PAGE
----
Like ours, the story of Jesus enters time with his conception and birth, with his body that was formed in a womb and was then pushed out into the world. The same story, like ours, ends with his last breath and burial, when he was pushed back into the womb of mother earth. In no faith tradition is the body more important. It is true that western Christian moralists often gave the body a junk bond credit rating. It was full of temptations and drives. These ran counter to an idea of holiness, which was itself so far removed from the vision of wholeness that the angelic, bodiless state seemed higher.

There were exceptions as any theology of the Incarnation made inevitable. The puritanical, gnostic impulse in Christianity could never wholly denigrate the body. Jesus was raised ‘in the body’. ‘In  my flesh I shall see God’. Angels were closer to God, but we were more like God ‘because we had a body’. And so, in Jesus, did God. In him, too, God wept, got tired and impatient, drank wine and loved, was betrayed and suffered.

Other wisdom traditions take the body more seriously as an instrument of spiritual development. Yoga, Tai Chi, Tantra have a practical, body-based wisdom that Christian spirituality has generally undervalued. But the Asian traditions, while also conceiving of some kind of transformation, tend to see the physical body as a packaging, a vehicle, an aggregate that dissolves back into its elements. The body of Jesus, evolves into the Body of Christ. It evolves through a resurrection that reveals the bodily destiny of each of us. We have a spiritual body to look forward to. But, as Teilhard de Chardin , says ‘spirit is matter incandescent.’ We will glow and we will be embodied for eternity.

Sounds good. But then, who knows for sure, until we know?  For now we reflect on Jesus as a bodily person: like us anchored in the world and the present moment through a changeable body that does not work like a machine and that is always our interface with the deepest nature of reality.

With Love

Laurence

signature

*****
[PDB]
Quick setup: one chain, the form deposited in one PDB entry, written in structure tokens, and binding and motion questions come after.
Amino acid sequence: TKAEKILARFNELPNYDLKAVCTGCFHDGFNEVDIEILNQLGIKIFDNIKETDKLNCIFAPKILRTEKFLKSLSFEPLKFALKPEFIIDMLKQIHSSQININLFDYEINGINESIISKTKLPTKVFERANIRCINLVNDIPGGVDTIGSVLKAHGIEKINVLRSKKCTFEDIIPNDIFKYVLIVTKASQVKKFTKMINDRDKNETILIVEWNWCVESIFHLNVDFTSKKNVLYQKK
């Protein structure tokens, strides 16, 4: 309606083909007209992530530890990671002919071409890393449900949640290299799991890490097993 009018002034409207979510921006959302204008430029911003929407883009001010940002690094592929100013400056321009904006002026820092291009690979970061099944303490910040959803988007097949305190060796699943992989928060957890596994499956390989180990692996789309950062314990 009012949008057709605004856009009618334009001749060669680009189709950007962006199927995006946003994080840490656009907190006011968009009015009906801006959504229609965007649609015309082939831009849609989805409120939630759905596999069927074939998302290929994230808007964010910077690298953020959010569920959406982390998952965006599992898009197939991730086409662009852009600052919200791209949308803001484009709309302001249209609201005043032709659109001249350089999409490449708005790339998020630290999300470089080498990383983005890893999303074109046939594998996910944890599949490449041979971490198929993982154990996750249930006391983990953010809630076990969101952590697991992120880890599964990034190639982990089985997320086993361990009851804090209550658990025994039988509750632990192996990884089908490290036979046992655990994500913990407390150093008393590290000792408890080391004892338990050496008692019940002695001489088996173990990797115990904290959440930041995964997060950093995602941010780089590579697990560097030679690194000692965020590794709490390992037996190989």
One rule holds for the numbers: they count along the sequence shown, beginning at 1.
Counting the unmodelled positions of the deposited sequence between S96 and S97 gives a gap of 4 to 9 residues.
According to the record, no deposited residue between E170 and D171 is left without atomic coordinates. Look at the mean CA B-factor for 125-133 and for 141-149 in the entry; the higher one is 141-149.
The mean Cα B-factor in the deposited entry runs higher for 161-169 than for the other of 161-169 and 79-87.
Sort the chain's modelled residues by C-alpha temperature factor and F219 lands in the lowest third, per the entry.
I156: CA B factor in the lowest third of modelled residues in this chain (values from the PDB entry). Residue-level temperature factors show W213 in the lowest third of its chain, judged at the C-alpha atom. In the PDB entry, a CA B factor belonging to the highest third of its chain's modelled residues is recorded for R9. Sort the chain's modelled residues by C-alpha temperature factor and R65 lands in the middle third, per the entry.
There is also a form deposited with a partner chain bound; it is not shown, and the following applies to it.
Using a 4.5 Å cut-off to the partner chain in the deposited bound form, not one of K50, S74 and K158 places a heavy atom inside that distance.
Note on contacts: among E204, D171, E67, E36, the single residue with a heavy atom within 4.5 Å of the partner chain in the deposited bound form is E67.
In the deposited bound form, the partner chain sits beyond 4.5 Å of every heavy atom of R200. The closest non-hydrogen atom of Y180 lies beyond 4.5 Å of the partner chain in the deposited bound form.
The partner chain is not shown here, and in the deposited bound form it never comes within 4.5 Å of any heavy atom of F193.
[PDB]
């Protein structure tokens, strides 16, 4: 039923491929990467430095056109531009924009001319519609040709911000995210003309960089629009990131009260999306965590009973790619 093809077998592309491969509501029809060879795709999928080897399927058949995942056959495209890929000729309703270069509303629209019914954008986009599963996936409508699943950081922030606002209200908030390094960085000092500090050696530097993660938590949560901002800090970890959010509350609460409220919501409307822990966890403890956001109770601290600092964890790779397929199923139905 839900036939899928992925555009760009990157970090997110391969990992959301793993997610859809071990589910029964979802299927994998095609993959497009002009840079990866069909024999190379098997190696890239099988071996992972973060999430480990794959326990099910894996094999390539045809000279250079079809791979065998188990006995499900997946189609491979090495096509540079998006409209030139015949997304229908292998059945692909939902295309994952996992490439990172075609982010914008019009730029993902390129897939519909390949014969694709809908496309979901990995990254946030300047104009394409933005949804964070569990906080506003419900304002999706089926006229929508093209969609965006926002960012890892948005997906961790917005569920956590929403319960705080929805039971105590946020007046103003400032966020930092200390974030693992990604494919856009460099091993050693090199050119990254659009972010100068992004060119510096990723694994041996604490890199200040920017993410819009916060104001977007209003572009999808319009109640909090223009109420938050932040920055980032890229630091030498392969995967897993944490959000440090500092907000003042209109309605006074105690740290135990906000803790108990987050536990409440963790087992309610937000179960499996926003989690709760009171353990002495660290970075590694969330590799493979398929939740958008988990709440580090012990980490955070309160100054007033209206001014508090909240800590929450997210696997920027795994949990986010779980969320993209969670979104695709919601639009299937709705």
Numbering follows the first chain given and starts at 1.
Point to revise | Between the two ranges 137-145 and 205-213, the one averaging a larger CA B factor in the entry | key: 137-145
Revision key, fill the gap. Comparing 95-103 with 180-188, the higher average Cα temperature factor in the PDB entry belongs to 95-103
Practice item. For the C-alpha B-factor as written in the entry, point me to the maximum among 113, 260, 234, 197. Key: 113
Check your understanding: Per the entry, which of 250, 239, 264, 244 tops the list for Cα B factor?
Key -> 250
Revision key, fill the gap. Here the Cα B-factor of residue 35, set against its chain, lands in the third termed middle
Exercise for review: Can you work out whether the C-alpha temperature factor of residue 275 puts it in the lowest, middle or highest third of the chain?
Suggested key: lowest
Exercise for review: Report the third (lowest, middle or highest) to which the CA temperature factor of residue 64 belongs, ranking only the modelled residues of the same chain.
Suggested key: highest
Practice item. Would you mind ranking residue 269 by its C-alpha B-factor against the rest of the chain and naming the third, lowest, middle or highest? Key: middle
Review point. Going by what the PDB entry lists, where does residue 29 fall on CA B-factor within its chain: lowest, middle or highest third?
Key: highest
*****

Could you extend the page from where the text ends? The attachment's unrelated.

Monday Holy Week

b95a62f4-b752-4283-9ba9-934e1d0df5a2

I was at the theatre recently and half way into the first act a latecomer was allowed in. She caused general consternation as we made way for her to squeeze past everyone to get to her seat in the middle of the row. Once the show is underway, we should try to keep our attention focused because it is the uninterrupted flow of events that leads to the fullness of our response when the climax comes and the curtain falls.. and rise again. The same applies to Holy Week. If we get distracted from the quickening pace of the story, don’t waste a moment complaining but restore your attention to its focus.

Looking at a number of paintings of the Last Supper recently I noticed the different ways that Judas is positioned. In Leonardo’s famous mural, he is sitting, with a very criminal look fifth from the left, holding a revealing bag of silver (Peter is holding  dagger with which he will later cut off the servant’s ear). In Ghirlandaio’s, Judas is sitting alone facing the rest of the group. In some pictures Judas is stereotyped as the most Jewish looking of them all. Generally, Judas is singled out as an unattractive and isolated figure, although in the narrative he has the moment of strongest, even mysterious intimacy with Jesus who knows what he is going to do and who quietly tells him to get on with it. (‘Night had fallen’)

Faces reveal and expose us. We recognise with happiness a familiar face in the airport crowd of welcomers waiting at Arrivals. Suddenly the crowd of strangers dissolves as a smiling face and friendly wave dispel the anonymity which is the worst part of travelling .

When we see a photo of ourselves we think, do I really look that like? From our faces, we understand uncomfortably, people may know us better, or at least differently, from how we know ourselves. If differently, who is more right?